Proves, once and for all, that it's the quiet ones you need to keep an eye on.
Michael Cragg 2011
Being one-fifth of the UK's most successful girl band must have been a blast: performing in front of adoring crowds, getting to sing some amazing pop songs, and travelling the world with your best mates. What's not to love? But what if you were the member singled out as 'the ugly one', called a "rude ginger b****" by a member of Busted and a "sour-faced old cow" by one of the biggest DJs in the country, Chris Moyles. In an interview with The Observer in 2009, Nicola Roberts claimed not to remember that much of what happened between 2003 and 2007, a five-year period that represented over half of her time in the group.
Much of Cinderella's Eyes seems to deal with the fall-out of what went on in those years. Rather than mope, however, Roberts displays her new found confidence both in the lyrics and also in her singing voice. While her lines in Girls Aloud's songs would often become fan favourites – her "Hello, did you call me?" line in Whole Lotta History is particularly devastating – they were often performed in a voice that suggested she was afraid of scaring anyone. Here, however, that voice flits between defiance on the Diplo-assisted Beat of My Drum to broken on the funereal Sticks + Stones (sample lyric: "How funny that I was too young for so many things / Yet you thought I'd cope with being told I'm ugly"). There are moments, such as the "wah, wah, wah" lines on second single Lucky Day, when that voice can be a little grating, but these are minor quibbles.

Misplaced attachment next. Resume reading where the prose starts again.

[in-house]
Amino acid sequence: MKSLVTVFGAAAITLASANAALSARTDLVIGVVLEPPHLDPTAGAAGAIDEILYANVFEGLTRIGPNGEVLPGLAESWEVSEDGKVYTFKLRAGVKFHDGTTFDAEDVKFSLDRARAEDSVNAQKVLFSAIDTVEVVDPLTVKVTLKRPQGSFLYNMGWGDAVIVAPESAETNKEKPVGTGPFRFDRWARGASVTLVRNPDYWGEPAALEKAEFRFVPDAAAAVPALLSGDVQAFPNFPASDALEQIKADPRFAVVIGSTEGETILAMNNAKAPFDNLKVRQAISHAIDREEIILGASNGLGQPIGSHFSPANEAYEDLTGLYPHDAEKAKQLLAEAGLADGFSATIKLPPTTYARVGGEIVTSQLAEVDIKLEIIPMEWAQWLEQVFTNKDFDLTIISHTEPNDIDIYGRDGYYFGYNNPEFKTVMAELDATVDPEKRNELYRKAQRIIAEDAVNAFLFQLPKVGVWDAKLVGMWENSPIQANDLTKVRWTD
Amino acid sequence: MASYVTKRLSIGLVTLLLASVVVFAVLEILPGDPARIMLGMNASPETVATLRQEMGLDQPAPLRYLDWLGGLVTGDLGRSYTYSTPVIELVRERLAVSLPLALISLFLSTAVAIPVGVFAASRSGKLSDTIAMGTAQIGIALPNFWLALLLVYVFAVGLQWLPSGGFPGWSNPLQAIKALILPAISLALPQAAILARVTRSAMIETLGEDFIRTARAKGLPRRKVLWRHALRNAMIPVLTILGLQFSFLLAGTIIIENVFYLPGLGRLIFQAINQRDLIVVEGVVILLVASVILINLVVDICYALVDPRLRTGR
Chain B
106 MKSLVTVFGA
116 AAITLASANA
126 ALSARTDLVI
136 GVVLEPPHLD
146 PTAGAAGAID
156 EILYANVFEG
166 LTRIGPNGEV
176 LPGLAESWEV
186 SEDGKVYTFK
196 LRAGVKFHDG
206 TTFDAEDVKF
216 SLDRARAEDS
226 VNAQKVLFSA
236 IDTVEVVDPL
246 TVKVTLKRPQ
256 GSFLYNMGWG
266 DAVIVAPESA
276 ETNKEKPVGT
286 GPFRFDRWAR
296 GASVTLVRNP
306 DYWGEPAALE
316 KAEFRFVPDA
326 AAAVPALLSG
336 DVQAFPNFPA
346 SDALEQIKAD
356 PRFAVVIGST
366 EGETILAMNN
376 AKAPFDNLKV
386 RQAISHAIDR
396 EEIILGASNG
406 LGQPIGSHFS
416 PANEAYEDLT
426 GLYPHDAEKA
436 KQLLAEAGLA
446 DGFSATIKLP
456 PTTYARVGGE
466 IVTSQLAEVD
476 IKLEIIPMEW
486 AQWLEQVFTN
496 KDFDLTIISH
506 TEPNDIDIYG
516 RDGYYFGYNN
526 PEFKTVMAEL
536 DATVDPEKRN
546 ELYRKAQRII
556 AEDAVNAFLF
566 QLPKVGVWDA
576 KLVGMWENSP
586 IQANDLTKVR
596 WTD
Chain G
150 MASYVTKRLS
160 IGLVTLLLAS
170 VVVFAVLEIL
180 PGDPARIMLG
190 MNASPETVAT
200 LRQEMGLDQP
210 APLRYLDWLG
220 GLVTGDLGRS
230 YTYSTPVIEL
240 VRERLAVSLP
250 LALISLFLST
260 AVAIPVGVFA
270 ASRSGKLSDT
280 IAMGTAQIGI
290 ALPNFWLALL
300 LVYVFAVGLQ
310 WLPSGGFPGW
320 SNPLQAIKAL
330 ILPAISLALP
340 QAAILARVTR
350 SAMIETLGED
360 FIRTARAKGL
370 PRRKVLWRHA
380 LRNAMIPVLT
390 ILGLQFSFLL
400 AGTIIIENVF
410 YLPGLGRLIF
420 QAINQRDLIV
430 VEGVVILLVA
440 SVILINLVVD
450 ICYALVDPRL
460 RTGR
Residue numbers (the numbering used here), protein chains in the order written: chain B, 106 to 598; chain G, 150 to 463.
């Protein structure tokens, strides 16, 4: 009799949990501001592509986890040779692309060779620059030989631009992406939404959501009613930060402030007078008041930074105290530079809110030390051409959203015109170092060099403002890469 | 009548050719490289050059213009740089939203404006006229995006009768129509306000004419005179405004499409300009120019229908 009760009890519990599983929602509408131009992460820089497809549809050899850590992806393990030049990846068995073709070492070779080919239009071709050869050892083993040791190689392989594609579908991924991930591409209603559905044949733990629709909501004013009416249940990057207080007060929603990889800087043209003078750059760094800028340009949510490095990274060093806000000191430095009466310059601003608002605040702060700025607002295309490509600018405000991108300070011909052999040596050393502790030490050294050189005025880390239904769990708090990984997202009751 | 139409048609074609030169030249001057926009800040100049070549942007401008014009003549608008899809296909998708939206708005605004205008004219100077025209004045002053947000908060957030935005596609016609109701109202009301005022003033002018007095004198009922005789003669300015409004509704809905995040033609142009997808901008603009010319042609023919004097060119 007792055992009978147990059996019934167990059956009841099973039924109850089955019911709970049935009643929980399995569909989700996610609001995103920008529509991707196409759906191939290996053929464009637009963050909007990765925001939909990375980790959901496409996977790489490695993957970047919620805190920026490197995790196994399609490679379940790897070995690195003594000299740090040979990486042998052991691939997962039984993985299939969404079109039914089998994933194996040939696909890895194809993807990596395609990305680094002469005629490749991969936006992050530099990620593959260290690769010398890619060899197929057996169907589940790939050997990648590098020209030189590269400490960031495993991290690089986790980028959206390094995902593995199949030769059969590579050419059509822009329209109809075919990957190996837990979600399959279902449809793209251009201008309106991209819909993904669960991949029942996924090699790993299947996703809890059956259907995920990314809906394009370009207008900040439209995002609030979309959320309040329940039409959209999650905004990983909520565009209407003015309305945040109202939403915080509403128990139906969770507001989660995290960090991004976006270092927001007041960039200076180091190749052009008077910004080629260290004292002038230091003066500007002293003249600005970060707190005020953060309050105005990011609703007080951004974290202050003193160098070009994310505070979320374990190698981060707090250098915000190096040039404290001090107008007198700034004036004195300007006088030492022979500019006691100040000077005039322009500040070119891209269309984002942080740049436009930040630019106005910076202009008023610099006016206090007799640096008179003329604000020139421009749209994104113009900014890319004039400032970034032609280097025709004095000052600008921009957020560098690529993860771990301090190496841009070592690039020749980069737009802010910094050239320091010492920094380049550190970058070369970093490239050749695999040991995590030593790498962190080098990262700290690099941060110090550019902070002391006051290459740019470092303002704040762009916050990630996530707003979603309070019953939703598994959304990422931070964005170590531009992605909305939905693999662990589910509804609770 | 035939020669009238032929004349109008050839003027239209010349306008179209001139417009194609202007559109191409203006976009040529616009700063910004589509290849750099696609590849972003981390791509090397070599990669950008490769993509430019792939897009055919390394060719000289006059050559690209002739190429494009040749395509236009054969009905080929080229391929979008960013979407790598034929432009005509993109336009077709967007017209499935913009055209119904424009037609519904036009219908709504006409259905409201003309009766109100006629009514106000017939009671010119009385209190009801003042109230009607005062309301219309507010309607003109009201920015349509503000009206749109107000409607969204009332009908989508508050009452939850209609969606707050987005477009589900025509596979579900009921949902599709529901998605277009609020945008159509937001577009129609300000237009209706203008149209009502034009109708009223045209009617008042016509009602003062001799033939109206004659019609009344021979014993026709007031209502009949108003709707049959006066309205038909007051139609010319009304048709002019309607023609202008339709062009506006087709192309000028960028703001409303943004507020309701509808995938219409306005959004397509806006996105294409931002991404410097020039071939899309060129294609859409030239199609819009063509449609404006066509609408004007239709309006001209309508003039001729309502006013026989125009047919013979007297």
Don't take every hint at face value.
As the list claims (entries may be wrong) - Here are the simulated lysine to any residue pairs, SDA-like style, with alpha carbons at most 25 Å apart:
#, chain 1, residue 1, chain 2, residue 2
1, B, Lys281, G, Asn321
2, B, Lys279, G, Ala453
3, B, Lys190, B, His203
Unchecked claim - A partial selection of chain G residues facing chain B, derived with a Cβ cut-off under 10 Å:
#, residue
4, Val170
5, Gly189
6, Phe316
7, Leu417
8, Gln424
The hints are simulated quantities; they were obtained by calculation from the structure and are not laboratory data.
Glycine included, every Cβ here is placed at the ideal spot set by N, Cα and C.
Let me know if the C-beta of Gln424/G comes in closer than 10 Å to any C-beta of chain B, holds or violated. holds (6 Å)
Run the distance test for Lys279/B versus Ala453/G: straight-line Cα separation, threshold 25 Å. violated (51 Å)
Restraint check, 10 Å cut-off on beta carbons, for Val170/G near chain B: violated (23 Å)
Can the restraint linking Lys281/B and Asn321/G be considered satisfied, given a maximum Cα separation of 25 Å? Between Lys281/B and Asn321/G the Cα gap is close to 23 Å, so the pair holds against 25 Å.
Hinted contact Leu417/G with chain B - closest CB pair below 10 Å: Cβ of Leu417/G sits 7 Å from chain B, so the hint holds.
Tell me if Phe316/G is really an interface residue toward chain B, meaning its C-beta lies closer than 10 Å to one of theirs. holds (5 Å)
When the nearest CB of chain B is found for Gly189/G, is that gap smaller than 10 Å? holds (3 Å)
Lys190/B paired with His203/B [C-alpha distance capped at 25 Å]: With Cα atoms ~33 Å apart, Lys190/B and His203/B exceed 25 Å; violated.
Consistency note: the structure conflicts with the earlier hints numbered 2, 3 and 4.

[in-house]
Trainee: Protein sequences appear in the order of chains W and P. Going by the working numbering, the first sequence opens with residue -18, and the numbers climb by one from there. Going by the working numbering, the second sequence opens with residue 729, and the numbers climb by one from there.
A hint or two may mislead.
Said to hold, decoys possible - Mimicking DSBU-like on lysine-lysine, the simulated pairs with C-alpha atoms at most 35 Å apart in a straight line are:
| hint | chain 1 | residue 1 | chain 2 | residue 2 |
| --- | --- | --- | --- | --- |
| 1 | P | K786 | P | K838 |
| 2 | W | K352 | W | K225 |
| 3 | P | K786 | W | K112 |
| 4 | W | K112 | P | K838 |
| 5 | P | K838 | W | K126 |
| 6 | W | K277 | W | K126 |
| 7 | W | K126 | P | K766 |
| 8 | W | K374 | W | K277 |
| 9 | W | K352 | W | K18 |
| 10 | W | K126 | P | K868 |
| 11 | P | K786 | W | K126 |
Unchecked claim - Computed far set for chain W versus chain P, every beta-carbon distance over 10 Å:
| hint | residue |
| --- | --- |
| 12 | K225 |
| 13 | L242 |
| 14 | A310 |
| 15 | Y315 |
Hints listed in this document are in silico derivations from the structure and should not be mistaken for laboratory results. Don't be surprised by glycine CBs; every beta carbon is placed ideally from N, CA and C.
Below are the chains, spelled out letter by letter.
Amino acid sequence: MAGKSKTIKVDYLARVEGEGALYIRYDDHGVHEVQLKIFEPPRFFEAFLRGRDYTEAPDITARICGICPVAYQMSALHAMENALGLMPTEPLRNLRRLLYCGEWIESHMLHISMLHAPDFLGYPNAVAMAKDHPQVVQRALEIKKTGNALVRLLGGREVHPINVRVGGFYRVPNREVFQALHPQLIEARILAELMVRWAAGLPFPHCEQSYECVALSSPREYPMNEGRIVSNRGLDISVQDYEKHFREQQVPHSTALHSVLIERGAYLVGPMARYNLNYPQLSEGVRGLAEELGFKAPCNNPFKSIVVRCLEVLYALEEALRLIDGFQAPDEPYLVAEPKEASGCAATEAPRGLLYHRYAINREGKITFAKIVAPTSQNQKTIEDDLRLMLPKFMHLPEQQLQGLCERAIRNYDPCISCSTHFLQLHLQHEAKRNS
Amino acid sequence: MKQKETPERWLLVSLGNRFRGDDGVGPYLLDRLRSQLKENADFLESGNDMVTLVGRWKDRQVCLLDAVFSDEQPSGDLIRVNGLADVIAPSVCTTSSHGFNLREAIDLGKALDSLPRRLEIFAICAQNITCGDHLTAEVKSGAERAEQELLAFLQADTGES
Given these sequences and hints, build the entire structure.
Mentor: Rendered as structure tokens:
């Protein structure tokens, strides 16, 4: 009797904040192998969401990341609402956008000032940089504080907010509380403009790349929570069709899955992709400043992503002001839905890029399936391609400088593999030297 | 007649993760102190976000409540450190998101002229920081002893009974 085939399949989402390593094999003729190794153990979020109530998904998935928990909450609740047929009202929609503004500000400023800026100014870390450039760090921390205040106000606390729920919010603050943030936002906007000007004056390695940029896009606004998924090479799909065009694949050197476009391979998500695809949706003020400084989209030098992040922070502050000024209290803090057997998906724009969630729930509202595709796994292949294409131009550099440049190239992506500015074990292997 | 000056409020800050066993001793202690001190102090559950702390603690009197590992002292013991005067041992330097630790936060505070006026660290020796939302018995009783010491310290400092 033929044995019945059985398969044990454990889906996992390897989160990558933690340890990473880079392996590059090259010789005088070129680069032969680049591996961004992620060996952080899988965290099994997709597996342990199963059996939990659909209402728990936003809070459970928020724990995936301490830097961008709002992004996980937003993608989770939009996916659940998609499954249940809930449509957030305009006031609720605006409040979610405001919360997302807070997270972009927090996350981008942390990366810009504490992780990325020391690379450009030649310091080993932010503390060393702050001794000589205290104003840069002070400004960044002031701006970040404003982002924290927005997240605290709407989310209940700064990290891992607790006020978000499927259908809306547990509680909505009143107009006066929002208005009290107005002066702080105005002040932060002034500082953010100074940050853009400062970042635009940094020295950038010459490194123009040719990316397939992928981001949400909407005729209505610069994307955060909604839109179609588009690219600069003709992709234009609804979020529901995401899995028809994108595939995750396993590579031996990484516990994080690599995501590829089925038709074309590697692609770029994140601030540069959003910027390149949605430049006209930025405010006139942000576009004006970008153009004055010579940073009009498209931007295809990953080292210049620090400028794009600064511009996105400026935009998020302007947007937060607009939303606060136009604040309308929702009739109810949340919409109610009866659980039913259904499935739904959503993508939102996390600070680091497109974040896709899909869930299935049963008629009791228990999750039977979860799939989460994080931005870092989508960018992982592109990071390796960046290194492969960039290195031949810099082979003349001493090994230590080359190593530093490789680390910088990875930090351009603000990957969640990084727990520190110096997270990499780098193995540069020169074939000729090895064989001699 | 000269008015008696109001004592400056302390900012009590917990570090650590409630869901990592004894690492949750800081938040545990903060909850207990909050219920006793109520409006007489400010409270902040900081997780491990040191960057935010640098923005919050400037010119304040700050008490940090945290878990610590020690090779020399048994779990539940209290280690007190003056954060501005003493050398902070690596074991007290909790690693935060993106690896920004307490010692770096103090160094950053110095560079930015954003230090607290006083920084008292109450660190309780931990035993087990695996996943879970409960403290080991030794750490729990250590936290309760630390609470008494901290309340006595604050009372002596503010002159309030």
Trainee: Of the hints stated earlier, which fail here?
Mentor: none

This new-found confidence is also evident in the lyrics, which are chock full of personality. Whether dealing with relationship dramas on the sprightly Yo-Yo, or delivering defiant bon mots on Beat of My Drum and the title-track, Roberts has a way with a memorable one-liner, even squeezing a slightly unsavoury line about KY Jelly into the delirious Gladiator. Musically, the album manages to keep pace, from Lucky Day's riot of day-glo synths to the Metronomy-co-helmed and oddly structured I. The only time she falls flat is on Say It Out Loud, which is a little too generic by comparison.
After the disappointments of both Cheryl Cole albums and the MOR disaster that was Nadine Coyle's Tesco-released Insatiable, it's refreshing to find at least one Girls Aloud member willing to push the pop envelope. Cinderella's Eyes perhaps doesn't contain anything as unashamedly brilliant as some of the best Girls Aloud singles – it's too knotty and encumbered with score settling for that – but it does prove, once and for all, that it's the quiet ones you need to keep an eye on.